The demon of pride banged his gavel on every available surface, including a few heads, like a carpenter on a drunken binge. “Look alive, scumbags! I’ve come up with an idea. The best idea yet. You’re gonna love it.”
Every slimy creature in attendance looked with contempt at the demon of pride. He always thought his ideas were the best.
Pride’s acrid voice rose over the crowd’s rumble. “The good pastor is so piously humble he surely wouldn’t dream of praying for his own finances,” the odious creature declared to his cohorts. “I think this is the chink we’ve been looking for.”
Talons extended, he slashed at the air. “Attack his finances. Begin with his car. Bring him to his knees. That puny so-called church is already overextended. They won’t be able to come to his rescue. Not soon enough to save him. It’s doubtful he would even ask for their help.”
He smirked, satisfied with his presentation thus far. His stomping and kicking had stirred up a stifling cloud of dust from the dirt floor. Slimy entities were hacking and coughing. Wretched eyes glowered back at him. Hatred hung like a thick black cloud over the gathering. The old shack shuddered under the weight of their malevolence.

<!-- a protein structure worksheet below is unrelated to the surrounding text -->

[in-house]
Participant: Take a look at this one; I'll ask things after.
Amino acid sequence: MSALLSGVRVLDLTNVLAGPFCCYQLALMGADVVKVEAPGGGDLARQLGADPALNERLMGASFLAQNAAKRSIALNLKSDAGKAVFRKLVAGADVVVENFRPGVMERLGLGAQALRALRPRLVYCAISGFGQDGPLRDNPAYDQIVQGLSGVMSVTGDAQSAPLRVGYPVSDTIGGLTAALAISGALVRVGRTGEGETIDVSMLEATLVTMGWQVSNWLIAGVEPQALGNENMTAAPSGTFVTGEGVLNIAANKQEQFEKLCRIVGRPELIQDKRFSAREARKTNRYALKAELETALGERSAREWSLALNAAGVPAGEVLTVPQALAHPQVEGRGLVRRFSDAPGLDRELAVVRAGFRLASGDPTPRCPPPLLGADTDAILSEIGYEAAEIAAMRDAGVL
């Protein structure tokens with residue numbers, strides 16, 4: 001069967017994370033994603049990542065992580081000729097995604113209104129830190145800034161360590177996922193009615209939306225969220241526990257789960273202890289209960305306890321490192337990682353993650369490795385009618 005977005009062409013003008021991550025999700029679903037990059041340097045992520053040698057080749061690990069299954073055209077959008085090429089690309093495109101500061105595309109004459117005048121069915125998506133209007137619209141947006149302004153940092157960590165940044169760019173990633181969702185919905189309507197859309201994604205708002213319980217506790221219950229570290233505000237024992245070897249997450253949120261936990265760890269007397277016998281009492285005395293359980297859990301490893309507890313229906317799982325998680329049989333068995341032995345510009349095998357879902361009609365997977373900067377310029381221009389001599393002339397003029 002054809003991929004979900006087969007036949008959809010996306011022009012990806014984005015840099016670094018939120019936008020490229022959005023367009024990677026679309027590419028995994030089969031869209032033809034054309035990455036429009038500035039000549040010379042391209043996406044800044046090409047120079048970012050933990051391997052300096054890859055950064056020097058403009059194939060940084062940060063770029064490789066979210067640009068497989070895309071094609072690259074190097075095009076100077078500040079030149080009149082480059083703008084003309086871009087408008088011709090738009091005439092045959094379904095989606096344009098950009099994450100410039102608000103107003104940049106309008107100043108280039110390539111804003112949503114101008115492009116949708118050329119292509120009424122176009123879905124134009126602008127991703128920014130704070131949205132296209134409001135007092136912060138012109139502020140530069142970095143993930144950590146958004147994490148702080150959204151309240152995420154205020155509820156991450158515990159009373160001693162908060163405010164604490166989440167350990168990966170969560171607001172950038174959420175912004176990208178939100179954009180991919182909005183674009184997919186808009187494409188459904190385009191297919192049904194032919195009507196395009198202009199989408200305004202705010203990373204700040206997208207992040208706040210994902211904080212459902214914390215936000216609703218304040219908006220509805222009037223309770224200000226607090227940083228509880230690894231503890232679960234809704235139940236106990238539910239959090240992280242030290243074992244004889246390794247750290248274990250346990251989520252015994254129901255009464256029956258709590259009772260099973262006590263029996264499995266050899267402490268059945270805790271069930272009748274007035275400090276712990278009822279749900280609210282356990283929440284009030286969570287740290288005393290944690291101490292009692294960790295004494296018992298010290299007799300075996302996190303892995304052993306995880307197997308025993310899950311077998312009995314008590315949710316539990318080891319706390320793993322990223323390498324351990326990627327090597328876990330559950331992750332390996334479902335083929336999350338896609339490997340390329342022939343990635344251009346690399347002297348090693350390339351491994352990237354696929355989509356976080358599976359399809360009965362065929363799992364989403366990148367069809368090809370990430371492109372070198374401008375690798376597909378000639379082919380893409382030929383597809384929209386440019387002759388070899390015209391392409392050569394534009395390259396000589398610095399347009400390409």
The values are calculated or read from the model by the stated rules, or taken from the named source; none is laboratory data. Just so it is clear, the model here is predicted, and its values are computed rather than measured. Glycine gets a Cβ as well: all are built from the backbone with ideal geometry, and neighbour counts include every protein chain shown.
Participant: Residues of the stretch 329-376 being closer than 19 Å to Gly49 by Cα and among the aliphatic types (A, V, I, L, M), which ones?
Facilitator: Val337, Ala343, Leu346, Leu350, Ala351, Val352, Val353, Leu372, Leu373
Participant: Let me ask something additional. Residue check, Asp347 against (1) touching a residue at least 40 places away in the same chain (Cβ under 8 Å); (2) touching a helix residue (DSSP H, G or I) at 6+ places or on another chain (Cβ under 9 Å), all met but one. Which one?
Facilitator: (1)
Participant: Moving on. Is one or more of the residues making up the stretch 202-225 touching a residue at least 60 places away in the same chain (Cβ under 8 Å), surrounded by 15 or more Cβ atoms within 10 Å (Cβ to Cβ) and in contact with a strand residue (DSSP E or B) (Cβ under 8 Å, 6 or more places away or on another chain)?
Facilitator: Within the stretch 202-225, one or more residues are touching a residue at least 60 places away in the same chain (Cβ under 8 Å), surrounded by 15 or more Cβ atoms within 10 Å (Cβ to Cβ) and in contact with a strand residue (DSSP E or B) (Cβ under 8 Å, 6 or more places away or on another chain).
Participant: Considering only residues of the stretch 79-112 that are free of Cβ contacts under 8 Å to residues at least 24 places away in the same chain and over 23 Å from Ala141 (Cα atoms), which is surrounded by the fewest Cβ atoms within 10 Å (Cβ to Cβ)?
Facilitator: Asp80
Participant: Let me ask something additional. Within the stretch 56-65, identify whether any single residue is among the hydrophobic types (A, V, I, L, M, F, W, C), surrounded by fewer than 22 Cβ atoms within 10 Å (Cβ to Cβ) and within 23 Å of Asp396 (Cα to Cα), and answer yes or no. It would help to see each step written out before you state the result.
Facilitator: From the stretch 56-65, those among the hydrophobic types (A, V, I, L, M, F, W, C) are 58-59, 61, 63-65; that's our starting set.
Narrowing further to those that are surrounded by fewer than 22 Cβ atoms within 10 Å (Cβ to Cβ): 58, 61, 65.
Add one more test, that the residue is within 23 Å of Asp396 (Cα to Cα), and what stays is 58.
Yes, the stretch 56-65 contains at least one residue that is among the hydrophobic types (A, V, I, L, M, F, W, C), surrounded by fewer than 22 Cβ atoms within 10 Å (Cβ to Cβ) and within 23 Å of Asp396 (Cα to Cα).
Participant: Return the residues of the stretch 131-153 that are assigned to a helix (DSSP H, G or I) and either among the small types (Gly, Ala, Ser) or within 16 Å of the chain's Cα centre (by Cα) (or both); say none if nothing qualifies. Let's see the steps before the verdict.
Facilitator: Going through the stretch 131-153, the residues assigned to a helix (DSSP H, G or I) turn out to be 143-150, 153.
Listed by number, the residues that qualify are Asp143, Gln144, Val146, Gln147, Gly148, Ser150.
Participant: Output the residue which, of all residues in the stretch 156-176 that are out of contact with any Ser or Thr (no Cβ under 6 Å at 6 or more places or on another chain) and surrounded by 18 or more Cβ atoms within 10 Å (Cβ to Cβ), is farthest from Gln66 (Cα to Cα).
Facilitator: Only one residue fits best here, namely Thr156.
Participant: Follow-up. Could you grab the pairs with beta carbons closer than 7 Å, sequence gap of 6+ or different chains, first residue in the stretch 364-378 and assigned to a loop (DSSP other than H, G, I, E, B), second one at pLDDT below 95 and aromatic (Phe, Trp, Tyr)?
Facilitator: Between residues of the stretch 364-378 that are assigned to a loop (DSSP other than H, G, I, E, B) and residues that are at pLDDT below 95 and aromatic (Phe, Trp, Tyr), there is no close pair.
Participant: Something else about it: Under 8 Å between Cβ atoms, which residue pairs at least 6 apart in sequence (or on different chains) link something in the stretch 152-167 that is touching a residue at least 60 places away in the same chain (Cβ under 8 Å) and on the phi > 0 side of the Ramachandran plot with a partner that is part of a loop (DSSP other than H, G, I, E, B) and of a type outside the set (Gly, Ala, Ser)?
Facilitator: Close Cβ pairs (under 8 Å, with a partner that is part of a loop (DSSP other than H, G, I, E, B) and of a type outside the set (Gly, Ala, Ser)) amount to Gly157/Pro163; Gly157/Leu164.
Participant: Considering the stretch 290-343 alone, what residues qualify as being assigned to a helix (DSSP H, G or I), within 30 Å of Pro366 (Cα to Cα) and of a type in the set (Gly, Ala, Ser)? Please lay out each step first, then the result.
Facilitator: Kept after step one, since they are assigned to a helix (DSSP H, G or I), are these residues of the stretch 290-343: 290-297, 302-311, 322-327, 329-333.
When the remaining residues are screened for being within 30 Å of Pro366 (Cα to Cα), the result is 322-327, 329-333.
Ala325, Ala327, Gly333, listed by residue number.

“Think, you imbeciles!” He paced back and forth, thrusting insults into the crowd.
The more they sizzled in their hatred for him, the more effective they would be.
“Are you brain-dead? There are dozens of ways to squash him with money problems. Hello? Come up with a good enough idea and I’ll let you in on the kill, you putrid morons. Look at you. What a collection of hairballs you are.”
Pride had always been on the receiving end of the insults. What fun it was to stir up their rancor and watch them stew in their own animosity. His speech was followed by a tumultuous clamor as the vultures of the spirit world cursed and sputtered. He was sure they liked his idea. Just as sure as he was that they loathed him for thinking of it.
But the demon of pride didn’t tell all. He didn’t reveal to the others his pièce de résistance. The event that would leave Edward McAlester wounded and bleeding—not financially, or even physically—but spiritually. The happening through which he, and he alone, would pierce McAlester’s tough armor with one sharp talon. Ripping and tearing, he would gain ingress into McAlester’s very soul.
The battle is real . . . .